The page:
Instead of writing an article about the first and one about the second day of the celebrations, I decided to put everything together in one complete article about the celebrations for the annual candle festival in Ubon Ratchathani. This is said article.
I arrived in Ubon Ratchathani two days ago, just in time to catch some of the last preparations for the celebrations. Yesterday the festival itself started and really, it was definitely worth taking the 400km bus trip from Udon Thani. There is plenty to see and do and what is really pleasant is that everything is in the same area. No driving around or walking endlessly to get from one spot to the other.
About the festival: The annual candle festival is to celebrate the beginning of the rainy season in Thailand. Candle festival really sounds a lot less interesting than it actually is. The main attractions of the festival are huge, beautifully handcarved wax statues and figures that are put on trailers and are pulled through the city. These things are big, really big, with plenty of fine details that gets you to think how long it must have taken to finish them.
During the day the statues are either parked in one of the main streets or they are attached to tractors and pulled through the city while being accompanied by a parade with music and dancers.
The real show however, takes place at night. After dark the audience gathers in the center, where long rows of seats and benches are stretching alongside the main parade street. The parade cars with the wax statues are presented, accompanied by music, storytelling and lots of dancers.
The atmosphere that is created really works and even though I obviously did not understand the stories, the music and effects impressed me nevertheless. The sheer amount of people involved in this parade is fascinating, especially considering the size of Ubon Ratchathani.
At the same time as this parade happens, there are dozens of other things going on. You can watch real Muay Thai (Thaiboxing) together with hundreds of yelling and highly involved Thai people, you can eat (if you make it to decide for one of the hundreds of small food stands), you can watch theatre and stage action, either on the festival grounds or very close to the river or you can buy nonsense from an unlimited amount of shops.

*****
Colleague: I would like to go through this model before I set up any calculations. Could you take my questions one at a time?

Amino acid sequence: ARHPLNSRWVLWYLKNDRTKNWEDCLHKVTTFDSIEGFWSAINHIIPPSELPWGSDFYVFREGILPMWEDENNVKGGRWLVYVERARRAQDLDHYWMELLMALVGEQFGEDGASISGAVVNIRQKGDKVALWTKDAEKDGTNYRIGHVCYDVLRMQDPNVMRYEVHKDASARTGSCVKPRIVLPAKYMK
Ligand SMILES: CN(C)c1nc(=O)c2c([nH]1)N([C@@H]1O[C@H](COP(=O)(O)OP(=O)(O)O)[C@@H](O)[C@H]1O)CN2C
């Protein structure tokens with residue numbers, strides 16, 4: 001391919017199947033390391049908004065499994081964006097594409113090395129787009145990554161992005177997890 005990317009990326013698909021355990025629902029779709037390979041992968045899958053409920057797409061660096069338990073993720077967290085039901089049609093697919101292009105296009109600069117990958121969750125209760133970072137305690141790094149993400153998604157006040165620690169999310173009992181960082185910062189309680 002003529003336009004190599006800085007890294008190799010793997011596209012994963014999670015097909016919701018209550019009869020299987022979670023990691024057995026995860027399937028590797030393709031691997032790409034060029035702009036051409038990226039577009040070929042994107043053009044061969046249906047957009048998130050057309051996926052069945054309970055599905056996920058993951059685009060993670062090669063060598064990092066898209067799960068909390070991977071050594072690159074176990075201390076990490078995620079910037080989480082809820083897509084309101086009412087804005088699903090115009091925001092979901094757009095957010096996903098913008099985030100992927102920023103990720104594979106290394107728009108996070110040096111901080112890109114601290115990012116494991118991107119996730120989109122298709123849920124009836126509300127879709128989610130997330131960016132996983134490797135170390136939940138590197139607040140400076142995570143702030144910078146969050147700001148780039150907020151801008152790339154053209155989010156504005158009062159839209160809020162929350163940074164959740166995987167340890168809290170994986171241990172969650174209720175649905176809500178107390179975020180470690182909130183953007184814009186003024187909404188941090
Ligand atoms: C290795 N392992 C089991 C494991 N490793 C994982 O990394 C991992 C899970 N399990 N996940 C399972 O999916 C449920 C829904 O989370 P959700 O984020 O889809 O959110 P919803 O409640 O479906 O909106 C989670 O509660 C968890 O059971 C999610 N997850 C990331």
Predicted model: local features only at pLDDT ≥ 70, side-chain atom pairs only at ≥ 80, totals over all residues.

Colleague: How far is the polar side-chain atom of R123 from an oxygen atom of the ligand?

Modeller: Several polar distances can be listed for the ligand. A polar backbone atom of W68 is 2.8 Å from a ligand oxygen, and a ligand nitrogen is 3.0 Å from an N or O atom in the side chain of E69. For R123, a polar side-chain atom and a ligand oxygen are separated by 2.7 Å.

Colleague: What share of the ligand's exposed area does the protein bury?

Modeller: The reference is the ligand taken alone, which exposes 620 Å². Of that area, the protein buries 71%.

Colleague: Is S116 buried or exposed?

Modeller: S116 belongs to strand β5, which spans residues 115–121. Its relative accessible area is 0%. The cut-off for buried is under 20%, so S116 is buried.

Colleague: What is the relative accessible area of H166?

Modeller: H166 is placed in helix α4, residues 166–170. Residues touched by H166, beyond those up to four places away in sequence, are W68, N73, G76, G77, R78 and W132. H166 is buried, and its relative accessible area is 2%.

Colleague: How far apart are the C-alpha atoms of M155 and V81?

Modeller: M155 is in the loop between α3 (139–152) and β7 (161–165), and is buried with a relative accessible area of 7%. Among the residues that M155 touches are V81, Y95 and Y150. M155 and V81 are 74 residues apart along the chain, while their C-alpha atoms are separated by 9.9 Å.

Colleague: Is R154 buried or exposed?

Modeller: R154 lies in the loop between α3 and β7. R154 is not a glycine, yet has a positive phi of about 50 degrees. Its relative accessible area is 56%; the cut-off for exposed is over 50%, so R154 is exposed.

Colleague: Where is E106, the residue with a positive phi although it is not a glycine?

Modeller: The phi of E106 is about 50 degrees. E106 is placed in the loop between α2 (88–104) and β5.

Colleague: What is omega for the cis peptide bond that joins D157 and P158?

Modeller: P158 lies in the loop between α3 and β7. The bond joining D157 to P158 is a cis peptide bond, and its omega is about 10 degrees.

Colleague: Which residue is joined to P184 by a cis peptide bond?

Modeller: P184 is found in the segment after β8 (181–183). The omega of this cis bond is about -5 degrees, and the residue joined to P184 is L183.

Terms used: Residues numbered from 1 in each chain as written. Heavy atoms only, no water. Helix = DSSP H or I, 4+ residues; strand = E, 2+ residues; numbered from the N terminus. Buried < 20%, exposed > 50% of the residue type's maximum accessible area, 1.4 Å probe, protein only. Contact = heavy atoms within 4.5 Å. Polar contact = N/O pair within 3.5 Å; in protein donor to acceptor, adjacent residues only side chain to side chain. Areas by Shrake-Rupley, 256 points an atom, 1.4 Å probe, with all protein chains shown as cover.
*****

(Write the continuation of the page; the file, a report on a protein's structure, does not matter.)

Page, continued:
It was also the first time that I was able to witness the release of these beautiful asian paper lanterns, that you only see on TV most of the time.
Additionally around 10PM there are fireworks. There is pretty much everything that you can wish for. Personally, the candle festival was the first big cultural event that I witnessed in Thailand and I really felt it was full of the real Thai culture. Also this festival seems to be quite an insider tip with western tourists as I may have spotted only a handful of other europeans/americans there. Apart from that, its only people from Ubon and Thai or asian tourists.
The lack of western tourists also led to a, for me, rather unusual treatment: During the festival I have been asked for an interview at least 15 times. It was all school groups that seemingly had to conduct interviews with different visitors to the festival asking questions like: „How do you like the candle festival?“ or „Do you enjoy Thai food?“. As the questions were all more or less the same every time, I would guess all of them are in the same class, which makes it kind of fun as I can’t help but imagine the moment when they all present their interviews and it turns out that they all interviewed the same german.
Apart from the interviews, I might have had ten teenage girls (and one boy) asking me for my photo. Yes, they did not ask me to take a photo with their camera but they wanted a photo with them and me on it. Apparently I do fit some kind of rockstar image they have (at least thats my explanation, don’t destroy it by saying that it all might be about the skin color) but who knows. Its fun for the time being but if that would happen all the time I would freak out quickly for sure.
Altogether the annual candle festival of Ubon Ratchathani is definitely worth a visit, even if you do not happen to be very close to it by chance. I found it to be a place where the real Thai culture can be experienced, which is hard to find in todays urbanized and modernized Thailand. I feel lucky that this event happened to take place just when I was in Thailand and also that I was lucky enough to learn about it. I hope that the images have gotten you interested and if there are any additional questions, let me know!
Follow my photos, travel route and stories is the Asia Adventure Page.